High-Level Decision Diagram Simulation for Diagnosis and Soft-Error Analysis

High-Level Decision Diagram Simulation for Diagnosis and Soft-Error Analysis

Jaan Raik (Tallinn University of Technology, Estonia), Urmas Repinski (Tallinn University of Technology, Estonia), Maksim Jenihhin (Tallinn University of Technology, Estonia) and Anton Chepurov (Tallinn University of Technology, Estonia)
Copyright: © 2011 |Pages: 16
DOI: 10.4018/978-1-60960-212-3.ch013
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This Chapter addresses the above-mentioned challenges by presenting a holistic diagnosis approach for design error location and malicious fault list generation for soft errors. First, a method for locating design errors at the source-level of hardware description language code using the design representation of high-level decision diagrams is explained. Subsequently, this method is reduced to malicious fault list generation at the high-level. A minimized fault list is generated for optimizing the time to be spent on the fault injection run necessary for assessing designs vulnerability to soft-errors.
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Designing a microelectronic chip is a very expensive task and excessive design costs are the greatest threat to continuation of the semiconductor industry’s growth (SIA, 2007). In order to contain this threat, the increasing gap between the complexity of new systems and the productivity of system design methods must be mitigated by developing new and more efficient design methods and tools. Functional correctness of systems is becoming ever more difficult to attain and it is becoming the main bottleneck in the systems’ development process. Better verification techniques must be the focus in research and development if we want to keep increasing the scale of electronics design. Detection of mistakes, however, offers only a partial solution to the correctness issue. Once that has been ascertained, the difficult task of discovering the sources of mistakes (faults) and subsequently locating and correcting them remains.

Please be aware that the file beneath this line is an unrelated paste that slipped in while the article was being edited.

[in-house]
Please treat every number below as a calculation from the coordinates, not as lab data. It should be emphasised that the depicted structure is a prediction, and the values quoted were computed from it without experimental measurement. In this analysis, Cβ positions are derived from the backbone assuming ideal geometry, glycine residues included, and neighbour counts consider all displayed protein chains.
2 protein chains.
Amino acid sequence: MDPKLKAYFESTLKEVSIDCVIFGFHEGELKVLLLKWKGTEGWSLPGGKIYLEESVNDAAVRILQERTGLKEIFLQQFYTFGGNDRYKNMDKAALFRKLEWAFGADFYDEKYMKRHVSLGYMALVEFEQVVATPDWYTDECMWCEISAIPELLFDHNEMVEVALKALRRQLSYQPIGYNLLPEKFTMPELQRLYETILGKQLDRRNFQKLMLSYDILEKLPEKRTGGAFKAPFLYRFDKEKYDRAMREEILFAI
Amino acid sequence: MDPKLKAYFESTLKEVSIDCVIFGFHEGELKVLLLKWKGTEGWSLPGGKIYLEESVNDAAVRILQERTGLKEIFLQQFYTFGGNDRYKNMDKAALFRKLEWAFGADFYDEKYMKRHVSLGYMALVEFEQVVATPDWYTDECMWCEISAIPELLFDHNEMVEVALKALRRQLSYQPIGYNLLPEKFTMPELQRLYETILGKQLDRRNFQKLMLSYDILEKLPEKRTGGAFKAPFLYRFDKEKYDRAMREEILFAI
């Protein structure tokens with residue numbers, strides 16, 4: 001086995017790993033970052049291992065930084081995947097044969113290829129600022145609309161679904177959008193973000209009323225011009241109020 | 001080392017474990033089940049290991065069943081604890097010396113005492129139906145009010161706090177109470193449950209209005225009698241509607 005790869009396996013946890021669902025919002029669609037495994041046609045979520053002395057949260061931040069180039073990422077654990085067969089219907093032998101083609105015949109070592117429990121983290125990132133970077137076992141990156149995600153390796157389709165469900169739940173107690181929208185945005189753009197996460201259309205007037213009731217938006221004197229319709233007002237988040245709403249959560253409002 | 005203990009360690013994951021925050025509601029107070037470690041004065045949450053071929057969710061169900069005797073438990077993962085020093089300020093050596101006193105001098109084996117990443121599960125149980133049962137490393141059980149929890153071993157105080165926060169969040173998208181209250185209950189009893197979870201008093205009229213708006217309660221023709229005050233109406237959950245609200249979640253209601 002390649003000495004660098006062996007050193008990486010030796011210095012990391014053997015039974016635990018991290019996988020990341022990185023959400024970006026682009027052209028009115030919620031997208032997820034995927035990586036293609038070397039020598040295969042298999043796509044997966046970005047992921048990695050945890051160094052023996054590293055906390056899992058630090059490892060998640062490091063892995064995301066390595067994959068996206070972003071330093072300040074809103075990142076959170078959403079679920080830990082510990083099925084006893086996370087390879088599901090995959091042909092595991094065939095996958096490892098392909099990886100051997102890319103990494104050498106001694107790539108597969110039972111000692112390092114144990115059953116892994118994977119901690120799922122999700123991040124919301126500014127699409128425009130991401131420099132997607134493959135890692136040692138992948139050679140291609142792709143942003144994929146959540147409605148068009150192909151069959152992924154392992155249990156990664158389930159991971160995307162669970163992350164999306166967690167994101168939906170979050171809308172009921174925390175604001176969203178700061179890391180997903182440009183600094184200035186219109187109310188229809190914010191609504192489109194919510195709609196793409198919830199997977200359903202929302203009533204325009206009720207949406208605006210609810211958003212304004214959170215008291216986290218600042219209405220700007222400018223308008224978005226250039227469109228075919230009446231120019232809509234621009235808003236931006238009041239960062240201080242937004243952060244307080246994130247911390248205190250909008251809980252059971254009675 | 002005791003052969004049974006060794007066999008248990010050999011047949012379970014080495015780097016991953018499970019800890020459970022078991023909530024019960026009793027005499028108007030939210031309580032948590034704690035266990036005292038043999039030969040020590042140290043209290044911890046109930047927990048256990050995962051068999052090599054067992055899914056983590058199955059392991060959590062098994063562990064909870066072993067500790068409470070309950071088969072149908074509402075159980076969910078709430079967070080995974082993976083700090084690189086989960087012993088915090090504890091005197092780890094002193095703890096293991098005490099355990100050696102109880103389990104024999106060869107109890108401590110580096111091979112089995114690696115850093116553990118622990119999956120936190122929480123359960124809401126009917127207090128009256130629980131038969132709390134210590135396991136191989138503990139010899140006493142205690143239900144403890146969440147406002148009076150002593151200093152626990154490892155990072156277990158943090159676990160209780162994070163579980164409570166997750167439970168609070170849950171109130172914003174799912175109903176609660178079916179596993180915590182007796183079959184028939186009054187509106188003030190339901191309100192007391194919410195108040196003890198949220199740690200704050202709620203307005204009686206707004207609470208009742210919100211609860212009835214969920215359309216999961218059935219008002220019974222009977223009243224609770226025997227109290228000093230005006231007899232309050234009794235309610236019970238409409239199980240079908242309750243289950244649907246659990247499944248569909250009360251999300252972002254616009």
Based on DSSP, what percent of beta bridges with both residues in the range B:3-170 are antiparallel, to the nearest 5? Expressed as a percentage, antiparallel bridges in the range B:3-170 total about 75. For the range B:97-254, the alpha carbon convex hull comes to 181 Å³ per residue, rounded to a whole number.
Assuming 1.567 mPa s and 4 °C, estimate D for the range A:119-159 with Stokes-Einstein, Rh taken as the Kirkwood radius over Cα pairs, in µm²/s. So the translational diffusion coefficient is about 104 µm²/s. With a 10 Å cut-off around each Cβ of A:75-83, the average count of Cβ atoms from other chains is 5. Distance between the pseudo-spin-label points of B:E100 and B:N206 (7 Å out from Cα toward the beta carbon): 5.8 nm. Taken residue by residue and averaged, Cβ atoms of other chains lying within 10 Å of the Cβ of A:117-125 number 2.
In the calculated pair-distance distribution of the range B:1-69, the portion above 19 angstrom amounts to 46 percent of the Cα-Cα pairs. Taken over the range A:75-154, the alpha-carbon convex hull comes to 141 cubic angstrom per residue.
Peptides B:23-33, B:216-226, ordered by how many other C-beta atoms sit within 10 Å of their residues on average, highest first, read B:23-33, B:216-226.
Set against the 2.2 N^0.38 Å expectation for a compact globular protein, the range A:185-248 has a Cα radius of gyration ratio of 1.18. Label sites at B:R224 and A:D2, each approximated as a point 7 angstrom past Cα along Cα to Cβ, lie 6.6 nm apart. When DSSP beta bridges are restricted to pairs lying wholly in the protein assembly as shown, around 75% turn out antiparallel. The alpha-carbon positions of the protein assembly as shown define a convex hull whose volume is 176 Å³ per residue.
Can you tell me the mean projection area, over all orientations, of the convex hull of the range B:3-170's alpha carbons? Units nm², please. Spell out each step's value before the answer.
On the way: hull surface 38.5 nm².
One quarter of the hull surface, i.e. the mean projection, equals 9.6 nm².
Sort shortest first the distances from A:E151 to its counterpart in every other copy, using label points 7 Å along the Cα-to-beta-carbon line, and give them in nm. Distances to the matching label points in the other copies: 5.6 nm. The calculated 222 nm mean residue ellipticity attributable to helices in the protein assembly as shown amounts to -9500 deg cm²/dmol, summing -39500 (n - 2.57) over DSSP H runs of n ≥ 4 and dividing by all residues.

It is a well acknowledged fact that verification is forming a major part in the total product design cycle (Lam W. K., 2005) and this trend is increasing. At the same time when there have been numerous research works on verification methods identifying the occurrences of errors, the problem of diagnosing the causes of errors and correcting them has been largely neglected. Yet a large part of the verification cycle is consumed inside the design loops between debugging and correction. It is estimated that fault location and correction constitute roughly half of the total time spent on verification and debug (FP6 PROSYD, 2004). Verification and debug (i.e. assuring the correctness of the design), in turn, represent the main reason of the excessive costs accounting for about 70% of design expenses (Lam W. K., 2005). Location and correction costs therefore form about 1/3 of the total design time. Figure 1 visualizes the amount of time spent on specification, design, fault detection, location, and correction in a typical design process (FP6 PROSYD, 2004).

Figure 1.

Time spent on different tasks in a design process


Design error diagnosis for combinational circuits has been thoroughly studied for two decades. There exist, both, fault model based (Madre, J. C., Coudert, O., & Billon, J. P. (1989); Abadir, M. S., Ferguson, J., & Kirkland, T. E. (1988)) and fault-model-free (Ali, M. F., Safarpour, S., Veneris, A., Abadir, M. S., & Drechsler, R., 2005) approaches. There have been attempts to generalize the above methods for sequential circuits (Ali, M. F., Safarpour, S., Veneris, A., Abadir, M. S., & Drechsler, R. (2005); Wahba, A., & Borrione D. (1995)), resulting in scalability problems. Some of the previous works support design error diagnosis for high-level models like the Register-Transfer Level (RTL) (Fey, G., Staber, S., Bloem, R., Drechsler, R. (2008); Chang, K.-h., Wagner, I., Bertacco, V., & Markov, I. (2007)). However, these methods rely on reducing the diagnosis to logic-level formal engines. Current chapter considers a different approach utilizing a source-level reasoning engine for the diagnosis process. In our case the engine operates on the model of register-transfer level decision diagrams. This results in RT-level feedback to the engineer and is therefore better understandable than logic-level debug information proposed by previous methods.

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